Tom Stock

Poet, Essayist, Photographer, Naturalist

Month: November 2017 (Page 1 of 2)

Published Collages – Tom Stock

The Café Review – Portland Maine – 2017

1. “The Scream“

2. “Progress”

3. “Screaming Lady 1”

4.    “Alert! Carrying Capacity Overload”

South Florida Poetry Journal – May 2018

5. “Swipe”

6.“He Said, She Said”

7.  “Slinkys”

8.  “Escaping Old Baggage”

 

 

 

 

 

Review of Judith Gale Mont’s Abstract Art Exhibit at Jack Jack’s Coffee House

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Garlic Planting at Homecoming Farm

The last agricultural event of the 2017 Homecoming Organic Farm Season is planting Garlic. Don has mowed the Sorghum cover crop planted in the garlic plot. When the sorgham was disked to break up the stalks with the tractor. Several Volunteers were on hand to help.

The first step is to break apart the seed bulbs. Trays of various garlic varieties are transferred to the Hoop House.  It is a pleasure to work in a warm environment. Outside the tropical atmosphere in the hoop house, it is cold and windy. The weather has delayed planting. The soil has finally dried enough to plant.

Separating garlic cloves takes strong hand muscles. The cloves are snug. We use a thumb nail to slit through several thin parchment-like layers to get an opening between cloves. Using thumb again, we pop the bulb open and peel off the cloves. They collect in a bucket until Don says, “This is enough seed for now, let’s plant.”

Don has made four furrows with a forked chisel plow. The rows are 200 feet long. Don uses little red plastic flags from Home Depot to mark where one variety ends and the next one starts. We are instructed to plunge cloves into loose soil six inches apart. This gives the clove room to spread out roots and not interfere with the next one. We start with German Red. I’ve tasted a small clove. It is hot and zesty. We are on our hands and knees brushing aside broken stalk of sorghum, which acts to add carbon to the soil). We will plant many varieties. Elizabeth wants us to try to have garlic varieties from many parts of the world.  We’ve planted Slovak, Israeli, music, soft neck, and many more. This connects us to a wider range than local. Garlic has evolved into many varieties depending on the soil conditions it grows in. this is unique to garlic.

Once all the garlic is in the ground, mulching begins. The compost is close by. Partly rotted leaves are forked into wheel barrows and spread on the beds with an isle in between. There is no irrigation because there is no well close by. The garlic is on its own.  Unfortunately, the westerly winds have open passage because there is nothing in its way. “The problem is that by next spring, the wind has blown all the compost away.” Says Don.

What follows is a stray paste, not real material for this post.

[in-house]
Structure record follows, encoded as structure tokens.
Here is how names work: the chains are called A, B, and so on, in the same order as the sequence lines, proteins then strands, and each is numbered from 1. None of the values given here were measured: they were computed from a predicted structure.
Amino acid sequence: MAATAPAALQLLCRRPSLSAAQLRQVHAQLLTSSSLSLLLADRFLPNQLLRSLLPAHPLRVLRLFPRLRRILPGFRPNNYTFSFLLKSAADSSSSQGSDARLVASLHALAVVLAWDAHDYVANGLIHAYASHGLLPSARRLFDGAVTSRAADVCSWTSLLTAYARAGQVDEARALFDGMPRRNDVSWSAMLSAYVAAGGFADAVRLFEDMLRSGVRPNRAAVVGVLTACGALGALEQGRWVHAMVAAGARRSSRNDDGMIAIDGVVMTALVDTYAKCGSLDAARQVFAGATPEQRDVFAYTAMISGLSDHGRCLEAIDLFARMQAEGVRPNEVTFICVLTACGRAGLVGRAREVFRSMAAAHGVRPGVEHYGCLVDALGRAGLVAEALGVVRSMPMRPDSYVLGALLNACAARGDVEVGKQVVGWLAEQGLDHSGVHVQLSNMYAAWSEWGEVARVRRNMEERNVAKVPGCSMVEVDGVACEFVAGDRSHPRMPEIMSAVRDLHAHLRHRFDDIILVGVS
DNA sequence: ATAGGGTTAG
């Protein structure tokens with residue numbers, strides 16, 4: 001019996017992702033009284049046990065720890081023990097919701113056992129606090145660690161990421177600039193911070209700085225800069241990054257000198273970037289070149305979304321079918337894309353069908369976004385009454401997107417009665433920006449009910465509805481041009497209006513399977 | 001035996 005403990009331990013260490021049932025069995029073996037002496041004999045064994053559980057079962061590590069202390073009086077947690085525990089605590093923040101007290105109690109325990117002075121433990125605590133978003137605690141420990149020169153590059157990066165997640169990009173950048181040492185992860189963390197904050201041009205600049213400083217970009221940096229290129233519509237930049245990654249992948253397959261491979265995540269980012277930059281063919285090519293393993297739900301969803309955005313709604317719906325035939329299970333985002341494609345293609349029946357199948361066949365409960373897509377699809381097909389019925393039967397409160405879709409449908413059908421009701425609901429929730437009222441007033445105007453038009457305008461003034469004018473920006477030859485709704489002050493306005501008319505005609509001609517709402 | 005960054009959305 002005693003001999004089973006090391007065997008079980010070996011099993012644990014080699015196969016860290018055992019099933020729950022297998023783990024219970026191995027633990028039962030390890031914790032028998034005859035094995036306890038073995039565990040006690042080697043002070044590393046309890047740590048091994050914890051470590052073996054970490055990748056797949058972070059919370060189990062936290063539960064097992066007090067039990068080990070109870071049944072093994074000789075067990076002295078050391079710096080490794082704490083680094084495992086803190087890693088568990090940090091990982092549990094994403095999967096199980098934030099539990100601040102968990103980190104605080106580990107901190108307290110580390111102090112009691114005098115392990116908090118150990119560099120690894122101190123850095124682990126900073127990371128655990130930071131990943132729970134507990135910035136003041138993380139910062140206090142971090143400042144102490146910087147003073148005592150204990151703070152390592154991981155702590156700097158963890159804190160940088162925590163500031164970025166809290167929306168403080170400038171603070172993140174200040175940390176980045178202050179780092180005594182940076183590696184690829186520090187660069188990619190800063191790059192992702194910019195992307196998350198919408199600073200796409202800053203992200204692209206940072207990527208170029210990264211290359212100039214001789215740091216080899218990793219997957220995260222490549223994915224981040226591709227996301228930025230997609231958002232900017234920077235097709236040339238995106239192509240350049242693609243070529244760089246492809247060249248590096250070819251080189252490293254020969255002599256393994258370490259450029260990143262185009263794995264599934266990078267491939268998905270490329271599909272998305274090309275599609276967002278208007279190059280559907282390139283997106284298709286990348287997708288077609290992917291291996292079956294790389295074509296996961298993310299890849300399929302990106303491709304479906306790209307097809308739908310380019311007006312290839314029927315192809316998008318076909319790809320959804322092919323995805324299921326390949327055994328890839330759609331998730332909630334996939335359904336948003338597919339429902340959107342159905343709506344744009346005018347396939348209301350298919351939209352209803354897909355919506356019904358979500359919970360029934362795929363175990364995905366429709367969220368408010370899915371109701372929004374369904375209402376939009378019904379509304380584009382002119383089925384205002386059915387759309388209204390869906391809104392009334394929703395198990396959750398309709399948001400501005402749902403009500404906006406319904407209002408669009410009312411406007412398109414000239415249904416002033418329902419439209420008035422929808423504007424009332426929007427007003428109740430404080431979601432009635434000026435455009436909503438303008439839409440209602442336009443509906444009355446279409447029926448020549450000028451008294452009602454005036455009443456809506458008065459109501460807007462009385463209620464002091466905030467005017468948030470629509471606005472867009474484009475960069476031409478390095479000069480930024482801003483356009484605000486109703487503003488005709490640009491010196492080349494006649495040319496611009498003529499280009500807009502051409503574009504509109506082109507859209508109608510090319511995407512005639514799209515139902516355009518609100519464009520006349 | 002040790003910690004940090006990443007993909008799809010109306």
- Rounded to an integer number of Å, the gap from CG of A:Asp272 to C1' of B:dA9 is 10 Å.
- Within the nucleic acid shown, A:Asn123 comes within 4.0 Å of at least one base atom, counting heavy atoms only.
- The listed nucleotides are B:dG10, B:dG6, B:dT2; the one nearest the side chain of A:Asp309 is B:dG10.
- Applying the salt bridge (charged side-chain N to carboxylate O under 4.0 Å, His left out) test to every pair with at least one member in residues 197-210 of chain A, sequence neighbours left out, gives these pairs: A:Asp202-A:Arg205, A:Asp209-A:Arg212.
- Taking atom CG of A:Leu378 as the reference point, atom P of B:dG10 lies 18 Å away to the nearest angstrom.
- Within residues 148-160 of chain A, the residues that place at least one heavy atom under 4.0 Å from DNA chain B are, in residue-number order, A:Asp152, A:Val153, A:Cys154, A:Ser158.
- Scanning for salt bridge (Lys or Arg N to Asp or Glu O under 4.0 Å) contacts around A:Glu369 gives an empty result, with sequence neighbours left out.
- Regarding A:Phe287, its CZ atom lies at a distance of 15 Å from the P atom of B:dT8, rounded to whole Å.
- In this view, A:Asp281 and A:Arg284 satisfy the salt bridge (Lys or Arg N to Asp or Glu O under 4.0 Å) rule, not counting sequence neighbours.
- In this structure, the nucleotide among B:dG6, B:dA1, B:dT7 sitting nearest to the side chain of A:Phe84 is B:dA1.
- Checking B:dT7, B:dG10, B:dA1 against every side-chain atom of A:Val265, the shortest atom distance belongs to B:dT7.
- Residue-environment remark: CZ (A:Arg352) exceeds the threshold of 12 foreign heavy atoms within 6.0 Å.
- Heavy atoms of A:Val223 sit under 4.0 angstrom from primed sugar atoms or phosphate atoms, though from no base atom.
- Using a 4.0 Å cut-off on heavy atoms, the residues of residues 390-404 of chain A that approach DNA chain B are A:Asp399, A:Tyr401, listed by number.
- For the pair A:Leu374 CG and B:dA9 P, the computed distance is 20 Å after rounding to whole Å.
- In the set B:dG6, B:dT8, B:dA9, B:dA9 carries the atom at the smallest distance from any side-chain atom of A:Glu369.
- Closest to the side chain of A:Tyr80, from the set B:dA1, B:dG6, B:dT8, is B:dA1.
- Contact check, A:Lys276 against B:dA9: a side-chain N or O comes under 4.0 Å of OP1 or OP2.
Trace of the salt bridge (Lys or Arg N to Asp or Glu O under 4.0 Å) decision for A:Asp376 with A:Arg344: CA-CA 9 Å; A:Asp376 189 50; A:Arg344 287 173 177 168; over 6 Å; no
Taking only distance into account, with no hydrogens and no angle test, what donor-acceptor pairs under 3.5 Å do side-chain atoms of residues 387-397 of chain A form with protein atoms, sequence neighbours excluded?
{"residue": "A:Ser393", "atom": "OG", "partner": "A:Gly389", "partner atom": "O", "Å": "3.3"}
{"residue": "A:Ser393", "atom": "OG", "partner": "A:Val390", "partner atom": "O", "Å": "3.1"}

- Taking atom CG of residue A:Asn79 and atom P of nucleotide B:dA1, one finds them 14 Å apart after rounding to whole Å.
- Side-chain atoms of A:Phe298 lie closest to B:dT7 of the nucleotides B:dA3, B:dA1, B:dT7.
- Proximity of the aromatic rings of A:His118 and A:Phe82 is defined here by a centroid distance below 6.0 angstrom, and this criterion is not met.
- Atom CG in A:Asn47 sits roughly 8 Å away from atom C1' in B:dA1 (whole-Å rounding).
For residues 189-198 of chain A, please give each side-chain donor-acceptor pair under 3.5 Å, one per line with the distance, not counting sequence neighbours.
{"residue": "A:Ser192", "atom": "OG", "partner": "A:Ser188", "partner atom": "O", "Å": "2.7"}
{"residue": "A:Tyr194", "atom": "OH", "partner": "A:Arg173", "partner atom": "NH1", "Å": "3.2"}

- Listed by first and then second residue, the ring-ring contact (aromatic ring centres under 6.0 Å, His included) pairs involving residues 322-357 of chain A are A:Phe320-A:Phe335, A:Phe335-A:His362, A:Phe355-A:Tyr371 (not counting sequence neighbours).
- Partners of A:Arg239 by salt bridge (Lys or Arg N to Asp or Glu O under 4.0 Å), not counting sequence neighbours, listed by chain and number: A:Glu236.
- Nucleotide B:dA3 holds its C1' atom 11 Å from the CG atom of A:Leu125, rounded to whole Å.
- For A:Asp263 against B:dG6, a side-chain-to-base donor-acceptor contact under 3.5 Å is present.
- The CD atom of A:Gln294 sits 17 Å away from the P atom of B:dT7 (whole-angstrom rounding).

Shortly after planting, the cloves begin to grow roots and shoots. Once the ground freezes, each clove stops growing until late winter.  Walking the garlic rows in spring and seeing little green shoots is the promise of another farm season in 2018. For now, the garlic bulbs we’ve taken home are beginning to turn on their biological clocks. By January, the power of garlic begins to wane. It’s tie to make hummus, and stews with garlic and stir fries as well. The slow cooker bubbles with garlic cloves as well. Garlic is one of the most nutritious foods with plenty of amino acids. Last year Don and crew planted over 20,000 cloves. It turned out to be too much to handle. This season, about  half  that many. That’s fine with me, I love working with garlic in the garlic seasoning hut.

Tom Stock                                                                November 21, 2017

 

 

“Between Any Two Pine Trees, There Is A Door Leading To A New Way Of Life” John Muir

             There is a new way of life out there. Pick two trees, stop and look.  Put away the smart phone, the lap top, the streamed music. Open the door.

There is a natural world out there. It is at your door to a fresh new way of being. The trees invite you.  Take a step.

Smell the pine trees. See birds butterflies, a meadow, clouds. Feel the wind and hear it as well. All this awaits you every day of the year.

Between any two pine trees is a portal of opportunity for transformation. Reaffirm the connection we’ve all had from birth. We ( all matter dead and alive)  are not a collection  of objects. We are a community of subjects interdependent, intelligent, relevant, and related. All is sacred, rock, water, soil.

John Muir wrote this over a century ago. It is more true and more necessary today than ever before. There is a whole world of wonder when you open the door and take a step beyond your doorstep.

Tom Stock                       November, 19, 2017

In Response to Wharton Esherick’s Woodcut For Walt Whitman’s “Watched the Plowman Plowing.”

I saw the sower sowing

Horse team and plow

Kicking up tan dust

That furls and curls

Behind them

 

A daylong task

Of sweat and furrow

While dark clouds

Gather in the west

The pace quickens